The war in Iraq should never have been fought, cannot be won, and must now be ended. And because the White House will not do what is necessary, Congress must force the end of the war in Iraq in the best way possible. As the Republican defectors realize, the war in Iraq will not be ended without congressional leadership and initiative. It must not wait until the next administration, as Bush has suggested in the worst case of "passing the buck" we have seen in generations. The Democrats and the growing minority of Republicans must fashion the plan to withdraw from Iraq, where the only way forward is the way out. That plan must then be forced on Bush and Cheney.
And a necessary part of a U.S. withdrawal is an acknowledgement of the damage we've done and a commitment to work with the international community in the reconstruction and resettlement of Iraq. Having intervened in Iraq, we now have the political and moral responsibility to assist the Iraqi people to secure and rebuild their country, as well as honoring the sacrifice of men and women in uniform by supporting the families of those who have died and the tens of thousands of veterans who have suffered physical or psychological wounds.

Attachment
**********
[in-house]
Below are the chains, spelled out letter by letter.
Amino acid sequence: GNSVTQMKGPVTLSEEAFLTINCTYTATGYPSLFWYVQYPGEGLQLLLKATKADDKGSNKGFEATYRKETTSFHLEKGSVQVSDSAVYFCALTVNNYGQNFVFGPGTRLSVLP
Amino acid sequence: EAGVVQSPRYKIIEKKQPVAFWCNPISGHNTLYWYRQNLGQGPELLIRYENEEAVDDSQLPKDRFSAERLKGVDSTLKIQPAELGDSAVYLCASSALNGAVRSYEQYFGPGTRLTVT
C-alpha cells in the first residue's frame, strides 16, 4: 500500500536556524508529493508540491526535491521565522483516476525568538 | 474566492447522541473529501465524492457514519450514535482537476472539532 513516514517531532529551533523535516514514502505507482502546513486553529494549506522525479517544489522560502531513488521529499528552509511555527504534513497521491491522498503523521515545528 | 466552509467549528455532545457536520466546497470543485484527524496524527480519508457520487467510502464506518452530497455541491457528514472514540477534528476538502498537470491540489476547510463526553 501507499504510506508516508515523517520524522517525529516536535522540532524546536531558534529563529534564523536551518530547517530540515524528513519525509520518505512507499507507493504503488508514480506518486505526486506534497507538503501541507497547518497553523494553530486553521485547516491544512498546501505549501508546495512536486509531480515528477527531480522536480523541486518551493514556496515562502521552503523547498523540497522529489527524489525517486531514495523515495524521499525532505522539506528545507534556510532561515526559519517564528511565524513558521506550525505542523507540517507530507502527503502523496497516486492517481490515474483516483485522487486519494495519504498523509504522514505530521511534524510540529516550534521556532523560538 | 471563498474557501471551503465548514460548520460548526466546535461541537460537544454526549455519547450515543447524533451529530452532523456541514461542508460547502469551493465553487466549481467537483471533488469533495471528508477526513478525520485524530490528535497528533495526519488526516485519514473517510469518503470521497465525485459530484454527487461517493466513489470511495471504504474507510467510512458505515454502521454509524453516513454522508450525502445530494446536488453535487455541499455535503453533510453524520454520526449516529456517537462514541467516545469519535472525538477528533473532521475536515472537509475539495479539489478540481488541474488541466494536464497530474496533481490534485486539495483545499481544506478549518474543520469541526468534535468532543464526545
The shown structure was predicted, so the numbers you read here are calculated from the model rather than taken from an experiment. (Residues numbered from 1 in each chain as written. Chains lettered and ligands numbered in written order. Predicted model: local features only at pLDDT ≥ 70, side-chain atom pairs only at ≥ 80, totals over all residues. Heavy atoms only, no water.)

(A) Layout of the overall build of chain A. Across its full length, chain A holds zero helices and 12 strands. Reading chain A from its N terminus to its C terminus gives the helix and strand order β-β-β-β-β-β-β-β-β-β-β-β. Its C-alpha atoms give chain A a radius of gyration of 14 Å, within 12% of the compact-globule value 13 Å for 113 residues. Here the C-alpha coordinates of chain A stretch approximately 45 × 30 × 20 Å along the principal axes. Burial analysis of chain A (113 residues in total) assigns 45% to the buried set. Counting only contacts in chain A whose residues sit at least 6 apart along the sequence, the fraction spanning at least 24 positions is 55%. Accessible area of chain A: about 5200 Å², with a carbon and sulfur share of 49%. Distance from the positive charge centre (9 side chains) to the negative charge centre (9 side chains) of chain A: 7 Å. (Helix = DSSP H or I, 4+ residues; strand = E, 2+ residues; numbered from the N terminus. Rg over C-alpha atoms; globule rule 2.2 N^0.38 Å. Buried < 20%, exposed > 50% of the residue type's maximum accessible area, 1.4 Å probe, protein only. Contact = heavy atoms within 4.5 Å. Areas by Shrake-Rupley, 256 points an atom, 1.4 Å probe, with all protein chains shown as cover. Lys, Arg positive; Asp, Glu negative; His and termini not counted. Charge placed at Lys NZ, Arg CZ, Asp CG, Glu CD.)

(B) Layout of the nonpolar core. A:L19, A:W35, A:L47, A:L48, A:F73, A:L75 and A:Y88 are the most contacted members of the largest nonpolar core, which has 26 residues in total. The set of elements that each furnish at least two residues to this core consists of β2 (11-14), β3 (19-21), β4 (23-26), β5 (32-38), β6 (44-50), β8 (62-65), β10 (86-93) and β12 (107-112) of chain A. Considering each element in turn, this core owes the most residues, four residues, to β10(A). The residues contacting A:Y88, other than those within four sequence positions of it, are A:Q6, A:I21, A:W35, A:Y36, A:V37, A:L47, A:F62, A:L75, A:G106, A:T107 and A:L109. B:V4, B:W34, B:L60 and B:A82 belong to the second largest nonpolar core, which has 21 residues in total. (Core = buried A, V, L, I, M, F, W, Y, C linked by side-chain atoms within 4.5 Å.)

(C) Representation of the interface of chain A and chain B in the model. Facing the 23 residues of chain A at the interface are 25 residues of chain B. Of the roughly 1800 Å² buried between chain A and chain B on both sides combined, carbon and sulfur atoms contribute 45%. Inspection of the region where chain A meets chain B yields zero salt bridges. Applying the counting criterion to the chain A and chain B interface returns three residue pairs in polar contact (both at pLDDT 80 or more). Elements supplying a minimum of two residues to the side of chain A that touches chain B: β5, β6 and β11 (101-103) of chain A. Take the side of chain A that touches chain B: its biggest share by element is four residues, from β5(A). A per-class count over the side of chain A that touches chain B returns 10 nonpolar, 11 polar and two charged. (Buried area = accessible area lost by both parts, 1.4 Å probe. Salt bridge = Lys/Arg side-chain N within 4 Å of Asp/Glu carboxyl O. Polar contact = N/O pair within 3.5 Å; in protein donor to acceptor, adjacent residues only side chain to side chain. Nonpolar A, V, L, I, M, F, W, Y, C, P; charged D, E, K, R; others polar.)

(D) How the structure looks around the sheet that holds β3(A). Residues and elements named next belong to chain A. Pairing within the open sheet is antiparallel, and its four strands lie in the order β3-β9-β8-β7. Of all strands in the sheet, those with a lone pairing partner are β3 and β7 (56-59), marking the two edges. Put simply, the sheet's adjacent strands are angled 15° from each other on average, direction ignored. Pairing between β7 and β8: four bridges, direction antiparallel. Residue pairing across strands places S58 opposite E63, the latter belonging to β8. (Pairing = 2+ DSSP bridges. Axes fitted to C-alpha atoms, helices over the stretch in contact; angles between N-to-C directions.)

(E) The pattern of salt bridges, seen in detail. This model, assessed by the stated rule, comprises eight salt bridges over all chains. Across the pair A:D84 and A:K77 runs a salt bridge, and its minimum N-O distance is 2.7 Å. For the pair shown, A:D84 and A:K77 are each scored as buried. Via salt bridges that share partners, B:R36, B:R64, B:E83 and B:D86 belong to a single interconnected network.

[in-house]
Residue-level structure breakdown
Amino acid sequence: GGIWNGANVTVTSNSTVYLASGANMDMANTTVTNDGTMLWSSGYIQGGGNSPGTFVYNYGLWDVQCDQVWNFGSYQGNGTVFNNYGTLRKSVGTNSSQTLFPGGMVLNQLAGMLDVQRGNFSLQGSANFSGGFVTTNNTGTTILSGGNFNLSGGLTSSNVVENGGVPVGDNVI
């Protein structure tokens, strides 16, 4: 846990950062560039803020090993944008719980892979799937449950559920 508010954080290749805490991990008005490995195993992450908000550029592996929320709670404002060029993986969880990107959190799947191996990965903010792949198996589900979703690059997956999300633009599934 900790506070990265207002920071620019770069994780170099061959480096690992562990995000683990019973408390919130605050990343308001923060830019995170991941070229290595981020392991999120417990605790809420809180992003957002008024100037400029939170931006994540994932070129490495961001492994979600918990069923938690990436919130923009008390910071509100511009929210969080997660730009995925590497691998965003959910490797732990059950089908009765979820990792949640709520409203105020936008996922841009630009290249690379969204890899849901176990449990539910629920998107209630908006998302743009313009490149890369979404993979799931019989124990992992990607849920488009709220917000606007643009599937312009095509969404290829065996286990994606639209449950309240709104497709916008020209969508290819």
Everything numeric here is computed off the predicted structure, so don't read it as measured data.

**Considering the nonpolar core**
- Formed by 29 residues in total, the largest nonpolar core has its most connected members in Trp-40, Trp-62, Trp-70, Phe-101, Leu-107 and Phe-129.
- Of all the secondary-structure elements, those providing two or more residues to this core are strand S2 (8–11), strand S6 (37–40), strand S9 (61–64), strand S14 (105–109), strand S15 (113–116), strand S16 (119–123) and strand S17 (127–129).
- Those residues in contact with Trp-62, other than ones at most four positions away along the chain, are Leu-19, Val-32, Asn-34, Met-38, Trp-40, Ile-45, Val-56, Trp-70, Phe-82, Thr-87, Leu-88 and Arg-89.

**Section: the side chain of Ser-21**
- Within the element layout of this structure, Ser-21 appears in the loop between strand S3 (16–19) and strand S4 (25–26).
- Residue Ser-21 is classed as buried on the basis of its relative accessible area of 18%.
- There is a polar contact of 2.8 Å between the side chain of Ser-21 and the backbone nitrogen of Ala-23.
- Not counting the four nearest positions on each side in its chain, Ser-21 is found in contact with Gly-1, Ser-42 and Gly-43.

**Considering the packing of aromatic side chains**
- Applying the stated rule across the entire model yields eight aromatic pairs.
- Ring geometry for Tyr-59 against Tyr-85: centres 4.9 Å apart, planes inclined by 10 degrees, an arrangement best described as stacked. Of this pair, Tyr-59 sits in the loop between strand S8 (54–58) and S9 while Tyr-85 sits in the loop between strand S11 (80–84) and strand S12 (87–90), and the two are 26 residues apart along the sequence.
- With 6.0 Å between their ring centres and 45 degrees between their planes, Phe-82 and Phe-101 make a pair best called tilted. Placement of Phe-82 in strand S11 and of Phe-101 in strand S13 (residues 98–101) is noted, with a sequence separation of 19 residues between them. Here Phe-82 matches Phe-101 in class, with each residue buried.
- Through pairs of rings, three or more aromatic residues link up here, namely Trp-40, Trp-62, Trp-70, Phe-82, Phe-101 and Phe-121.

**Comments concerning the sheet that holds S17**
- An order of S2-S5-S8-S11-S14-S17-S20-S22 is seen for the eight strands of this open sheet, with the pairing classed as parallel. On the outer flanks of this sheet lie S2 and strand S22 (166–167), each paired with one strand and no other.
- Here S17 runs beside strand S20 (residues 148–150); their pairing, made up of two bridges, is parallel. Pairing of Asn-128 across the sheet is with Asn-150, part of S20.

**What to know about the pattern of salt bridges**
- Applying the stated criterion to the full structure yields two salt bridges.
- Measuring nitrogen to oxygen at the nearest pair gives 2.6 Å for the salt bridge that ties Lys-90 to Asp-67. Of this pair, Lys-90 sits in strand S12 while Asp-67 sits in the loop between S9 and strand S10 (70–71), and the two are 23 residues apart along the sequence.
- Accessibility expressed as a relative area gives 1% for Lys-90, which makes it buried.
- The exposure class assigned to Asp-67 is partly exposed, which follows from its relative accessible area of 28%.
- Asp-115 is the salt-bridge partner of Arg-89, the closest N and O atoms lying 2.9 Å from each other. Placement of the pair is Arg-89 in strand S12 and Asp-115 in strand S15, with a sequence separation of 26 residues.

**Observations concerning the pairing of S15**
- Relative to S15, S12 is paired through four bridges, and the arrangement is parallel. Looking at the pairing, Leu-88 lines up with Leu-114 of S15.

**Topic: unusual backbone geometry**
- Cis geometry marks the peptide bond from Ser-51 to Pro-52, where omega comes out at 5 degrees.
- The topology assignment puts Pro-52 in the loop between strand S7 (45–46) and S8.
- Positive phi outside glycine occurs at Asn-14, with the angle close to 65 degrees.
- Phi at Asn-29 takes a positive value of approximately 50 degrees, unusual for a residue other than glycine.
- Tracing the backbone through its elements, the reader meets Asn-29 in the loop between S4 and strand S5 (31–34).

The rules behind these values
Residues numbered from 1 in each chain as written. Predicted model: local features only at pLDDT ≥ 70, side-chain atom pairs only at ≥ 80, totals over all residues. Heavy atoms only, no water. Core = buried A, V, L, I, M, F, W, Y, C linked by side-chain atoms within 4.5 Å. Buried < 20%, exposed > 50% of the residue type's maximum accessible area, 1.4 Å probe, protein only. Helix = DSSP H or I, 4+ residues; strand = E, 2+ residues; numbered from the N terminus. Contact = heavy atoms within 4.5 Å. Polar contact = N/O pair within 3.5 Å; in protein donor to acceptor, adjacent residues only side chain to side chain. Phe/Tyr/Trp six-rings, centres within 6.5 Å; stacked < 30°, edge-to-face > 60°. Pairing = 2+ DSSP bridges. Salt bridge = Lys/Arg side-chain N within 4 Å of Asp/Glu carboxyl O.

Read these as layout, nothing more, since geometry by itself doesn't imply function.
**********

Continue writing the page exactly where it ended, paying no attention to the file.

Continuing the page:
In the additional legislative battles this fall and in the upcoming presidential primaries, our message must be clear: Bring all U.S. troops home safely on a timetable that begins now. They are caught in the middle of a civil war where the U.S. occupation is the problem. The solution to Iraq is political, not military. The war was wrong, and it's time to do our best to right the wrong.
This brutal, ugly, and wholly unnecessary war may finally be coming to an end. And the role of the church could and should be decisive in making it so. I hear no more voices who still say this is a "just war." Many of us don't believe it ever was and feel that the nonviolent path of Jesus has again been vindicated. But regardless of past positions, we should all now agree that this unjust war must be ended as an obligation of faith.
Jim Wallis is editor-in-chief of Sojourners.